Data pertaining to the amount of garbage produced by several Metro Manila cities was shared during a gathering of conservation advocates and students, held by the Haribon Foundation.
In just 5 Metro Manila cities alone (Makati, Muntinlupa, Pasig, Quezon City, and Valenzuela), 861,967 tons of waste is produced per year, according to a study conducted by the Asian Development Bank in 2003.
Entitled ‘Trash Talk’, Ms. Czarina Constantino of the Haribon Foundation not only shared with students and environment workers data and narrative accounts of waste management issues in Metro Manila, but also that of a national and global scale.
An area of plastic 4 times the size of the Philippines exists in the Pacific Ocean today, known as the Great Pacific Garbage Patch. Over half of all plastic entering the ocean comes from just 5 countries. According to a report entitled “Land-based strategies for a plastic-free ocean” by the Ocean Conservancy, one of them is the Philippines.
“Can you imagine something this big? It is at least 3 storeys deep in our oceans and full of micro plastics,” noted Ms. Constantino, training specialist of the Haribon Foundation.
She brought to the audience attention the consequences to the mis-management, or lack thereof, of plastic waste.
“Not only does our trash go to the ocean and into other animals, but eventually it goes back to us,” chimed Constantino, showing photos of fishes that had consumed pieces of plastic.
By the end of her talk, various laws and methods of alleviating the problems caused by plastic waste and pollution were shared. In addition to ‘reuse, reduce, & recycle’, Constantino added the concept ‘rethink’, motivating members to stop and think about the consequences of buying, using, or discarding particular plastic items.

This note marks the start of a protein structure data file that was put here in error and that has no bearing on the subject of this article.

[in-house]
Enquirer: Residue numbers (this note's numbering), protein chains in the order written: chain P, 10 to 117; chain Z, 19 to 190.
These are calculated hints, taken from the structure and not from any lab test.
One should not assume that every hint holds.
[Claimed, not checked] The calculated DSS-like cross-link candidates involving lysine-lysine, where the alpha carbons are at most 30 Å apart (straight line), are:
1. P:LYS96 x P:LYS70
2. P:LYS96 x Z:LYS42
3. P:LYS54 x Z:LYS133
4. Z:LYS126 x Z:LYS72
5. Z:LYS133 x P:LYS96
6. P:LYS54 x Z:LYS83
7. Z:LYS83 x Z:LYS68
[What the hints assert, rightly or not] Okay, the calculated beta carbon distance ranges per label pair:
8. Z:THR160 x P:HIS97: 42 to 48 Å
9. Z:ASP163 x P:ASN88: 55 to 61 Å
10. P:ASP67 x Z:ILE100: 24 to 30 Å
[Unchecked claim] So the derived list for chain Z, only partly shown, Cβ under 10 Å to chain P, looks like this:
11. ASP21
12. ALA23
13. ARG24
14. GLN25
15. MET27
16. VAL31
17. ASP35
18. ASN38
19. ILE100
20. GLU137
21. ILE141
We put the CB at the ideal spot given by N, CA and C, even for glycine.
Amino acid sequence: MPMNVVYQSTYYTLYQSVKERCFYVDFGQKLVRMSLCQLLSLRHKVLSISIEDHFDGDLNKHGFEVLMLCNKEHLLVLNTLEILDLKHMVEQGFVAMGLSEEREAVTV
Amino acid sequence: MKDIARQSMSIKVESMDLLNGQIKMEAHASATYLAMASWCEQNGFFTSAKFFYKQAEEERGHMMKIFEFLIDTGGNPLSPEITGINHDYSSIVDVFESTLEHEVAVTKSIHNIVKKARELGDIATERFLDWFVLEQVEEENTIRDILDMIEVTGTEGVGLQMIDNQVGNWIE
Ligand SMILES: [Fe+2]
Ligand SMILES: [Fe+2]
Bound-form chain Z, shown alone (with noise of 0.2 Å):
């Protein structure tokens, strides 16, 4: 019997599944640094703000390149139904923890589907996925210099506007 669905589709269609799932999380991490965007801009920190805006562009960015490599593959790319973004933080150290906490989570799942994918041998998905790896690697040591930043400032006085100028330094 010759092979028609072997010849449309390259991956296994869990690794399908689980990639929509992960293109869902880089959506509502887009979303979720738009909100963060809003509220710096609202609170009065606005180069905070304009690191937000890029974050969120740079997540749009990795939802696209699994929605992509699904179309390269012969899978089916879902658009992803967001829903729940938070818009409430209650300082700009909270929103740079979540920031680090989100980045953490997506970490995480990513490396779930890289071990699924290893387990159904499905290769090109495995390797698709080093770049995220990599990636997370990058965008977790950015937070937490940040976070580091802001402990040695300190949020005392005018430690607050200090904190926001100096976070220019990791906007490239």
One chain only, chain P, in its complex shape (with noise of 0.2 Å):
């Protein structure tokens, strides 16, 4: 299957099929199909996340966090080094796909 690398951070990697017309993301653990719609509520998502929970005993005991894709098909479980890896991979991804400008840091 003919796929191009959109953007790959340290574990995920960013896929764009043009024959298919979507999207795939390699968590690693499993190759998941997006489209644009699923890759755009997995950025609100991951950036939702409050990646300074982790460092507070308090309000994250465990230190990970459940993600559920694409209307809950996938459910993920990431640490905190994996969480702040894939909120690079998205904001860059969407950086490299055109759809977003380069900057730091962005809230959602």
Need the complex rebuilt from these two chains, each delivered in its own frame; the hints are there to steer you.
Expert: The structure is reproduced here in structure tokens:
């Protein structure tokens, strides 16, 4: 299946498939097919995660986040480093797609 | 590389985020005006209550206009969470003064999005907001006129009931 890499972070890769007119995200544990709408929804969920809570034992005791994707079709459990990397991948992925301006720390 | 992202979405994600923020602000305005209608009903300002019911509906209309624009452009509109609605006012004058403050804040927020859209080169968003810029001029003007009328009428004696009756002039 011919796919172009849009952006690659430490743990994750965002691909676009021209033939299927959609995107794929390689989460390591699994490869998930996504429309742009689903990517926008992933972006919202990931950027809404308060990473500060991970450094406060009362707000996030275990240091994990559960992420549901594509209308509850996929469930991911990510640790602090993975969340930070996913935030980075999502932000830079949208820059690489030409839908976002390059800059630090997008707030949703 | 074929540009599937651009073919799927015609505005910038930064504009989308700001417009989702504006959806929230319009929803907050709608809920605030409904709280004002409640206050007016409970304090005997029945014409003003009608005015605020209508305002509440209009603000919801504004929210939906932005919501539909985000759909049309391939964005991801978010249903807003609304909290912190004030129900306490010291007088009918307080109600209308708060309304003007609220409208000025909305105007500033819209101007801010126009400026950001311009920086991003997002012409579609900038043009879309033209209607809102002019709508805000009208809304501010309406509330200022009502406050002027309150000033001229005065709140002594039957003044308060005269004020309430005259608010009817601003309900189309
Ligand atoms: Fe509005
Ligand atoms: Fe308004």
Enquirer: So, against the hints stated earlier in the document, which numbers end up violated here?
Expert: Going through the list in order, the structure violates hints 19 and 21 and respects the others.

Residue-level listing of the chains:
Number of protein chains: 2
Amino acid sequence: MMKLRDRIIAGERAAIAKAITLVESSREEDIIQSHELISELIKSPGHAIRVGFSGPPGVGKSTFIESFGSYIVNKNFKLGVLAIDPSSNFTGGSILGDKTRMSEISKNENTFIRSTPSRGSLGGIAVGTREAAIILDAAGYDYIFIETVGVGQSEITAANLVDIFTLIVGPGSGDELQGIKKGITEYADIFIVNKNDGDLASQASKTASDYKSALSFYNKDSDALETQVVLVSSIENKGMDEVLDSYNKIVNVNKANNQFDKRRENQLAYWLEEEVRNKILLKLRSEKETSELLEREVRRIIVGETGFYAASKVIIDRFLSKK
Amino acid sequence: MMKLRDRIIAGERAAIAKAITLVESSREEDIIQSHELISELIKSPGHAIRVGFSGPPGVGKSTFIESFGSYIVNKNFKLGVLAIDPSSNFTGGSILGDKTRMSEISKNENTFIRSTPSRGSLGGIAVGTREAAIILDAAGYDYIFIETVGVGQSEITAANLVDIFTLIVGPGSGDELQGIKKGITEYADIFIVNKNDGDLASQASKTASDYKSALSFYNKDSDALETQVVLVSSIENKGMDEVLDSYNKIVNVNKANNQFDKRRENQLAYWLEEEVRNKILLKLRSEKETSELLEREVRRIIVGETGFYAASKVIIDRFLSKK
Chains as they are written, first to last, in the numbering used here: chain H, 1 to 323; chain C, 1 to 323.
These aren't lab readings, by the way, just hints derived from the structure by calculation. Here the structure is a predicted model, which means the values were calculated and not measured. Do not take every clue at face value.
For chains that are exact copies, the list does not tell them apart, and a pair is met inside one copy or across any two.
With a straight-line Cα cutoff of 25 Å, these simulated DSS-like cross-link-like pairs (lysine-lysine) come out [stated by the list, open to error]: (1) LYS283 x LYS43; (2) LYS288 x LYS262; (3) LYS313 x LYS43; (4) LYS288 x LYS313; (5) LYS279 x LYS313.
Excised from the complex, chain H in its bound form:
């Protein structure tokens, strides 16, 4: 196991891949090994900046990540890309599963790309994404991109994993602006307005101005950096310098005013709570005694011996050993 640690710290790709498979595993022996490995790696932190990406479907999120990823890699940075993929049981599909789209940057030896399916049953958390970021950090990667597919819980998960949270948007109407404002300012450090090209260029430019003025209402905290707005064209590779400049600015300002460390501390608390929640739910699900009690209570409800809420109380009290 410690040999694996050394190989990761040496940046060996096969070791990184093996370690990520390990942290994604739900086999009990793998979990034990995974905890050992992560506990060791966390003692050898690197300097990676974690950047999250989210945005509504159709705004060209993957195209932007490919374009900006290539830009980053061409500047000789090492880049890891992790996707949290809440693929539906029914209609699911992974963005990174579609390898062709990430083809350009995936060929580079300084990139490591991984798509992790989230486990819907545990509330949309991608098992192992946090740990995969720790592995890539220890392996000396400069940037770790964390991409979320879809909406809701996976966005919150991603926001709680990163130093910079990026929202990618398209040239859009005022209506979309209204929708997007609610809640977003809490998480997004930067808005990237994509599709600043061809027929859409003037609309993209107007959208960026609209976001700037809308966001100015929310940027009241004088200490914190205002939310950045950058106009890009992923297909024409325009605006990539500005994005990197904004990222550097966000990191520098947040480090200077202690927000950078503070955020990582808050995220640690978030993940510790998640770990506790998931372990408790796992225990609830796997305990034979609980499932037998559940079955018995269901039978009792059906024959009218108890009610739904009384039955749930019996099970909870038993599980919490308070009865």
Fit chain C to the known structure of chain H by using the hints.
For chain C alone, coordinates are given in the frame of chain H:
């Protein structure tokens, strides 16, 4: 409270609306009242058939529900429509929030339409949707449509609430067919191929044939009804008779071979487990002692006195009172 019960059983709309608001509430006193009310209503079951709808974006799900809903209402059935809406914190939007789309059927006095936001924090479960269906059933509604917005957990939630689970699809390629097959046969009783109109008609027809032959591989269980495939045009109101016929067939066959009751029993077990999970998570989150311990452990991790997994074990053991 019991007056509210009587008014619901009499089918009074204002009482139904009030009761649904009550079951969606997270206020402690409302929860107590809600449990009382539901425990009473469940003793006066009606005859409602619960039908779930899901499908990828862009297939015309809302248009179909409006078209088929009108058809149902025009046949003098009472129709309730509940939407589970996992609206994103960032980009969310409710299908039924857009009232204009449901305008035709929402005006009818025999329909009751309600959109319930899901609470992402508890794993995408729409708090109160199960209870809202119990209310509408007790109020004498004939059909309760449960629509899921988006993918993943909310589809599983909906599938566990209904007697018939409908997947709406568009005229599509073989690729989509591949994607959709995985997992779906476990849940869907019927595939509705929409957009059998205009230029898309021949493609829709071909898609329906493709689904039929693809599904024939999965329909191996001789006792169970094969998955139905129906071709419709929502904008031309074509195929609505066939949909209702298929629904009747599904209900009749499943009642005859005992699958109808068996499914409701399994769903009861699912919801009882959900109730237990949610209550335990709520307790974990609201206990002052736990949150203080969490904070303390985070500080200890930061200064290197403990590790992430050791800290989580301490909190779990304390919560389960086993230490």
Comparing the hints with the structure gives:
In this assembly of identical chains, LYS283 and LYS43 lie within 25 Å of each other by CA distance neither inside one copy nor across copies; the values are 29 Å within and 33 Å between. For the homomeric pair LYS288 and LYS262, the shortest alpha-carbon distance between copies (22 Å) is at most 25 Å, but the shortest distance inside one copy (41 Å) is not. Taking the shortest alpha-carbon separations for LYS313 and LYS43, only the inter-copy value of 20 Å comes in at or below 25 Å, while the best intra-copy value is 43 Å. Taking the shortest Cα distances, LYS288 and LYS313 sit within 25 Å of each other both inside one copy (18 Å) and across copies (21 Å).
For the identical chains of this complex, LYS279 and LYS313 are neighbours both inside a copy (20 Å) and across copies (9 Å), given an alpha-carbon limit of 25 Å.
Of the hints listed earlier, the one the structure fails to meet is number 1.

As stated in Republic Act No. 9003 or the Ecological Solid Waste Management Act of 2000, Materials Recovery Facilities (MRFs) must be implemented by all barangays. Members were asked to inquire about MRFs in their respective neighborhoods and participate in garbage segregation practices.
Haribon research specialist Ms. Erina Molina advised that it is best to request food vendors to offer non-plastic items as containers for food, and to bring reusable canvass bags to supermarkets instead of using plastic.
Constantino added, “Be part of the solution and not the pollution.”
Constantino is the 5th member to lead a talk for the Haribon Foundation’s latest series of educational sessions about the environment called ‘Haribon Meets U’ or HMU.
Taking place in casual environments like cafes and restaurants, HMU sessions offer ordinary individuals a “backstage pass” on environment conservation, with the hope of transforming attendees into active participants in conservation work.
Previous topics covered Haring Ibon or Philippine Eagle, forest legislation, and marine studies of the Haribon Foundation among others. The next HMU will take place Friday, March 18 entitled “From farm to fork,” a look into the relationship between agricultural land use, food production, transportation and refrigeration, and climate change.
Although only offered exclusively to Haribon Foundation members, Haribon membership is open to all ages and even groups, and attendance is free.
An integral part of the Haribon Foundation since its formation in 1972, Haribon membership transforms regular citizens into biodiversity champions. They protect, conserve, and save biodiversity while forming lasting friendships with other environmental advocates. Be a Haribon member today! Email: firstname.lastname@example.org, or call: +63 (2) 421-1209.
This event was also mentioned in the Manila Times by Iza Iglesias.